As you've seen in the examples, we dont use fread and fwrite directly. There is a good reason: these functions don't care about endianness. We provide functions that do it properly. They all return 1 if everything went fine and 0 if they fail.

int Read_bytes(FILE *file, void *dest, size_t size);
int Write_bytes(FILE *file, void *dest, size_t size);

int Read_byte(FILE *file, byte *dest);
int Write_byte(FILE *file, byte b);

int Read_word_le(FILE *file, word *dest);
int Write_word_le(FILE *file, word w);
int Read_dword_le(FILE *file, dword *dest);
int Write_dword_le(FILE *file, dword dw);

int Read_word_be(FILE *file, word *dest);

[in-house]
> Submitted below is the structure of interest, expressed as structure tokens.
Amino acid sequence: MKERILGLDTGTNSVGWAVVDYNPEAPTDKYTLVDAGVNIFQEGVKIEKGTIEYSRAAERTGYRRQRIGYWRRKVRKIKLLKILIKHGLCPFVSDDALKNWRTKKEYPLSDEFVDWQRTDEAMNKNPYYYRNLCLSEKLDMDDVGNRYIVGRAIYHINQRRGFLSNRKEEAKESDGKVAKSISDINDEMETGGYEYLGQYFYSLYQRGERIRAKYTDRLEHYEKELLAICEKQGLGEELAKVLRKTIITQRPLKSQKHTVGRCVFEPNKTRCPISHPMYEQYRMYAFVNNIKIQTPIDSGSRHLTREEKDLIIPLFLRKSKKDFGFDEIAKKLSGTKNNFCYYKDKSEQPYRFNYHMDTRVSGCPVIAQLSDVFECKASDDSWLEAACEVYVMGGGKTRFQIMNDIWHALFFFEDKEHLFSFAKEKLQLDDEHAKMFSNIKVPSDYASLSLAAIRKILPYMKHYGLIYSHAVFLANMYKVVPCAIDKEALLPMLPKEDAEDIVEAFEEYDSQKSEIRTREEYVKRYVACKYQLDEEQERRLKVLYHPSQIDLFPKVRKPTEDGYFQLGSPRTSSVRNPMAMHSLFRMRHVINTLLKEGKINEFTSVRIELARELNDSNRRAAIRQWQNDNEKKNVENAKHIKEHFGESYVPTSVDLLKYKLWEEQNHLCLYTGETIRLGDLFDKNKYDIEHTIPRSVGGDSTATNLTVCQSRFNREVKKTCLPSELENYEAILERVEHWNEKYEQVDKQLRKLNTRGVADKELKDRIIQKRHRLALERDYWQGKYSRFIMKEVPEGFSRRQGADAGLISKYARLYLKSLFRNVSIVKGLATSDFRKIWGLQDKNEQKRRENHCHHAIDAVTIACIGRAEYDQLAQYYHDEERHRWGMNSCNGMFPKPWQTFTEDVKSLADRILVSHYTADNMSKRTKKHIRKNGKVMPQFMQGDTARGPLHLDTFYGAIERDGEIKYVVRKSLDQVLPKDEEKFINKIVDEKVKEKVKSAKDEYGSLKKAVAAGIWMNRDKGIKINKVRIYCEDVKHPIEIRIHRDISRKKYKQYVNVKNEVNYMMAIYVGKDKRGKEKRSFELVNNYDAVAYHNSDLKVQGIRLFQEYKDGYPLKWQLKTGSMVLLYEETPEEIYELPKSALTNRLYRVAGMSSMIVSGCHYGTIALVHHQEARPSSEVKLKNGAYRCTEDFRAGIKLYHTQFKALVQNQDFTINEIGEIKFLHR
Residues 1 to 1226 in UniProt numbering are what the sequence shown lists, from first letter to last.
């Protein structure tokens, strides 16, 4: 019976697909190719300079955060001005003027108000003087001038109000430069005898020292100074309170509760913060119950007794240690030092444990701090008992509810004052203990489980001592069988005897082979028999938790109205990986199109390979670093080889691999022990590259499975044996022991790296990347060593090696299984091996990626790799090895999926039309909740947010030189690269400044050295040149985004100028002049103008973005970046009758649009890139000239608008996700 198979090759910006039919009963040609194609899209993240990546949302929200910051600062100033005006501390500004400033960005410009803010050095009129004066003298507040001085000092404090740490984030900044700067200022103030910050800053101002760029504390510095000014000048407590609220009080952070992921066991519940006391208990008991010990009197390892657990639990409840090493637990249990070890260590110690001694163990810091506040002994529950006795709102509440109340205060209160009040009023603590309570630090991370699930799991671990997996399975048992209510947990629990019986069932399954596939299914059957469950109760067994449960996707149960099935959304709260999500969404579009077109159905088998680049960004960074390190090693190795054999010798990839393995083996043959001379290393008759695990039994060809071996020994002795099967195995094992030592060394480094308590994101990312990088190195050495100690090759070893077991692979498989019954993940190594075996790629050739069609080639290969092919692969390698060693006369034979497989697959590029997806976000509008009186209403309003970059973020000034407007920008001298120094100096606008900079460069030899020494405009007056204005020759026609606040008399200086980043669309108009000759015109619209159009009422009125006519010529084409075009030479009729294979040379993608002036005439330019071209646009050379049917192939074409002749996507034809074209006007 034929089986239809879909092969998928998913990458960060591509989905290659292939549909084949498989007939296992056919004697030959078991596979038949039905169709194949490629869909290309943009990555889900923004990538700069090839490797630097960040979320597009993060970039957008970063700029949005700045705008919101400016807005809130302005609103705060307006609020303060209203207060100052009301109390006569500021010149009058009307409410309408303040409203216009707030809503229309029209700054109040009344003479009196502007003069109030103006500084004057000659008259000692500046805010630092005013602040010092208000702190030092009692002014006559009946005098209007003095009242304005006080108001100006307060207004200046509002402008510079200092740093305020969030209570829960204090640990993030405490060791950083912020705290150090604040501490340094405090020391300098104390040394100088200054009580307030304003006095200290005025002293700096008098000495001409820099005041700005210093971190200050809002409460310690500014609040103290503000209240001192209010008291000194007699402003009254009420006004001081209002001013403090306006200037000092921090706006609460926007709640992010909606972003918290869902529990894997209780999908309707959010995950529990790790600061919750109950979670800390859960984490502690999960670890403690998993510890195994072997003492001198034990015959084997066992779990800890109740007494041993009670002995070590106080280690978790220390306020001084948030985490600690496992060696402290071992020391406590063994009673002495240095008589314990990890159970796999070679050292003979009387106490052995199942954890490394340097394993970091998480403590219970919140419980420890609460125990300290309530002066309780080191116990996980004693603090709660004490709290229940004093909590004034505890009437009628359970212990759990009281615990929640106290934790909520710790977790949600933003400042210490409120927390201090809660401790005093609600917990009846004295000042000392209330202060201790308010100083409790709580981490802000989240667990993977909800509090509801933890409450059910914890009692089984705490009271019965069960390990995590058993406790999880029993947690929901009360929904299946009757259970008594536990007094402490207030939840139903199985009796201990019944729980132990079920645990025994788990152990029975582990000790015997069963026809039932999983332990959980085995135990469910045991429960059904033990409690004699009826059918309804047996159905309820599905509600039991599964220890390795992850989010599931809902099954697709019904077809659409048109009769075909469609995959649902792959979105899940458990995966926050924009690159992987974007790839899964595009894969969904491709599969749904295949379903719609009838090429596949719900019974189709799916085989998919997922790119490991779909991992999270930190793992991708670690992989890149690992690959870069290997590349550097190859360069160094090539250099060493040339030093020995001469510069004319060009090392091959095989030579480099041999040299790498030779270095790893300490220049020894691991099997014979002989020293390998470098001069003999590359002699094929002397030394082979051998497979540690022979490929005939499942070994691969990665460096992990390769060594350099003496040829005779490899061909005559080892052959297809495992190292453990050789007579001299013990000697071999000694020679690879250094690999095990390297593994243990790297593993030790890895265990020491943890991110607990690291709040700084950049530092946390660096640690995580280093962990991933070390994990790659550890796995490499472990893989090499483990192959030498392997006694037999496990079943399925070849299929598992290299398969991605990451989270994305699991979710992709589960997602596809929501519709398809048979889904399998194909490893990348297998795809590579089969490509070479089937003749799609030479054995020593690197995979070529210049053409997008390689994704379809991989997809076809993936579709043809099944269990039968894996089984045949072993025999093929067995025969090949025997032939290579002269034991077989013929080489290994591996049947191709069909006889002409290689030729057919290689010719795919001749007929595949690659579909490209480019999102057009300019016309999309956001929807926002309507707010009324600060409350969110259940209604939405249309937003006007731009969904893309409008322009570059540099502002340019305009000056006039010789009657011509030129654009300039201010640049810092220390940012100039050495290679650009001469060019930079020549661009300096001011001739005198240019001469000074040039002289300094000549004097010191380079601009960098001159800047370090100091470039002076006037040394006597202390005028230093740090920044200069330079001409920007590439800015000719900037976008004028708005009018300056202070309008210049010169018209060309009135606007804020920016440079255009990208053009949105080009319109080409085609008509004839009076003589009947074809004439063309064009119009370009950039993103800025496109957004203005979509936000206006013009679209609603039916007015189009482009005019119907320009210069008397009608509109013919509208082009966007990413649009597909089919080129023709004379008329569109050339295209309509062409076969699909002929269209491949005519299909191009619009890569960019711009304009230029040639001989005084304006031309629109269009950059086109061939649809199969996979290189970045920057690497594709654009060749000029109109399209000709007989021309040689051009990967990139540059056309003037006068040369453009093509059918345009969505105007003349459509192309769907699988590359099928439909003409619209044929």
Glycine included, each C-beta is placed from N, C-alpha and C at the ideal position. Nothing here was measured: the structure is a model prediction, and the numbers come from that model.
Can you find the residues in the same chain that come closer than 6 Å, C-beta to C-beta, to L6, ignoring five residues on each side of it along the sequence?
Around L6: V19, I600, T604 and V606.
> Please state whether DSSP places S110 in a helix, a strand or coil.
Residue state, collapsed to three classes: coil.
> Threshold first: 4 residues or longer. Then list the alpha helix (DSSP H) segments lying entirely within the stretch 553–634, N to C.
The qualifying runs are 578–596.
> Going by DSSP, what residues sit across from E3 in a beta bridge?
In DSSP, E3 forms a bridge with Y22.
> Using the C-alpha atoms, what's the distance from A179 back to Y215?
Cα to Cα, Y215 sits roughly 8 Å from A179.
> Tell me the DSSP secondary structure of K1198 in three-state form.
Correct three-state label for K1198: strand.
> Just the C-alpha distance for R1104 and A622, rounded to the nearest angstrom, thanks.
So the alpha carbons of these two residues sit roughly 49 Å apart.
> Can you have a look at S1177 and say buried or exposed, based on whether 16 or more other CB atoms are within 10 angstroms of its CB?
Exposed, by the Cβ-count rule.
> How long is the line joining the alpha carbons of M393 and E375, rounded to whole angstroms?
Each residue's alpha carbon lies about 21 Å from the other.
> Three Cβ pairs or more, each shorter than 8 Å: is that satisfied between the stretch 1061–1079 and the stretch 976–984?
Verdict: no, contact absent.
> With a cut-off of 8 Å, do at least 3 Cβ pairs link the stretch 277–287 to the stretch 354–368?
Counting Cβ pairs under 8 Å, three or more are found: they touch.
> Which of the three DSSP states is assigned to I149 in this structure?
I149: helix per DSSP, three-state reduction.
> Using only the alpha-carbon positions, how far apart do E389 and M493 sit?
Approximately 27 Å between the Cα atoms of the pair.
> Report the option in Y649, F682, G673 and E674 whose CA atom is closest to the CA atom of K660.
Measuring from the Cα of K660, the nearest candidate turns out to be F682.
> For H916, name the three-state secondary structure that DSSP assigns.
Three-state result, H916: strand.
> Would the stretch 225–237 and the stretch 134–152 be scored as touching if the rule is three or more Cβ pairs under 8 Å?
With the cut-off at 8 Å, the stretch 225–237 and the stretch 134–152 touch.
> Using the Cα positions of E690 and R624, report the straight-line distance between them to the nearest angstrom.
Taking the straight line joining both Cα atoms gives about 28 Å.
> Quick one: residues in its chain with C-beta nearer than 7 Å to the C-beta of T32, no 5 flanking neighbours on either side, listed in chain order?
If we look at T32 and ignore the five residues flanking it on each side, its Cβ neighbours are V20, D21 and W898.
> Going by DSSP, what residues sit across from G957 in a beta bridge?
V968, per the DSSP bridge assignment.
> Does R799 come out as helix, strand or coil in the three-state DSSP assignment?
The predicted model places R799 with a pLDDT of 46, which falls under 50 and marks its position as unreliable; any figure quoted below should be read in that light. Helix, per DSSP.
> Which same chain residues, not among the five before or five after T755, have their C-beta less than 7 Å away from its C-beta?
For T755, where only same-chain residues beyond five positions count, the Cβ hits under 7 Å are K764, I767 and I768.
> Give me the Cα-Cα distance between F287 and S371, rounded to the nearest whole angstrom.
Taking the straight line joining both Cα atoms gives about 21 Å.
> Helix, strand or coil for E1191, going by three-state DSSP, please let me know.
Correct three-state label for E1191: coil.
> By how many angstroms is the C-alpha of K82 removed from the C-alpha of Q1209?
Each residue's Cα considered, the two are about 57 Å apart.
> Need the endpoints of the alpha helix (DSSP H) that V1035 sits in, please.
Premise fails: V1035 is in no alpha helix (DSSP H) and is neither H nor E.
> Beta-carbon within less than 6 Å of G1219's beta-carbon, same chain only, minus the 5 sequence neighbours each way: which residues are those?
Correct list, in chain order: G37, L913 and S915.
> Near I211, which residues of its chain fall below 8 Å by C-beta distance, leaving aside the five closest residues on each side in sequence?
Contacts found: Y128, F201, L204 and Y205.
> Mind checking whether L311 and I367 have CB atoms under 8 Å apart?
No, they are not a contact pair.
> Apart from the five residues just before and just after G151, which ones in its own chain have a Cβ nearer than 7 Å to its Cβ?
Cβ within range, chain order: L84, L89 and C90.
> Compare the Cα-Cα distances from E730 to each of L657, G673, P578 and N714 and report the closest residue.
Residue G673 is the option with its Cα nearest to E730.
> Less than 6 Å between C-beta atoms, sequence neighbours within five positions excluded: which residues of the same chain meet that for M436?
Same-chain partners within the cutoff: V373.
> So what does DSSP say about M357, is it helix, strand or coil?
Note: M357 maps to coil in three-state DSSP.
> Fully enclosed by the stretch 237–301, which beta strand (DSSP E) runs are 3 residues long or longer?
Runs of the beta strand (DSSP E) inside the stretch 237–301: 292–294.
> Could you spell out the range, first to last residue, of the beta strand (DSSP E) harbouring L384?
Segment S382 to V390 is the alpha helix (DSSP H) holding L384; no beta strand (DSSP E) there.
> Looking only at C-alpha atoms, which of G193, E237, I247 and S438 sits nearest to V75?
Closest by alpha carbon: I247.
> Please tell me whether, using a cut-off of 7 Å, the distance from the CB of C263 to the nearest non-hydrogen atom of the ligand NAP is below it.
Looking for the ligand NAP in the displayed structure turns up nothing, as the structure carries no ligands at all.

int Write_word_be(FILE *file, word w);
int Read_dword_be(FILE *file, dword *dest);
int Write_dword_be(FILE *file, dword dw);

Read_bytes read a number of bytes without any endianness processing. Use that to process the main pixel data of your image if applicable, to avoid many io requests to the OS.

Read_byte reads one single byte. No endianness problem.

The *_le functions read and write little-endian as used on x86, while *_be read and write big endian as on 68000. Check your format info to see what you need to use. Note some functions in our current loadsave.c loads and save a lot of things (for example a whole header with read/write_bytes() and then parse it. Please don't do that. It's not clean, it's error prone, and you will encounter struct-packing headaches. Dont use __attribute(__packed__), the linux/sparc version will crash if you do.

Note: See TracWiki for help on using the wiki.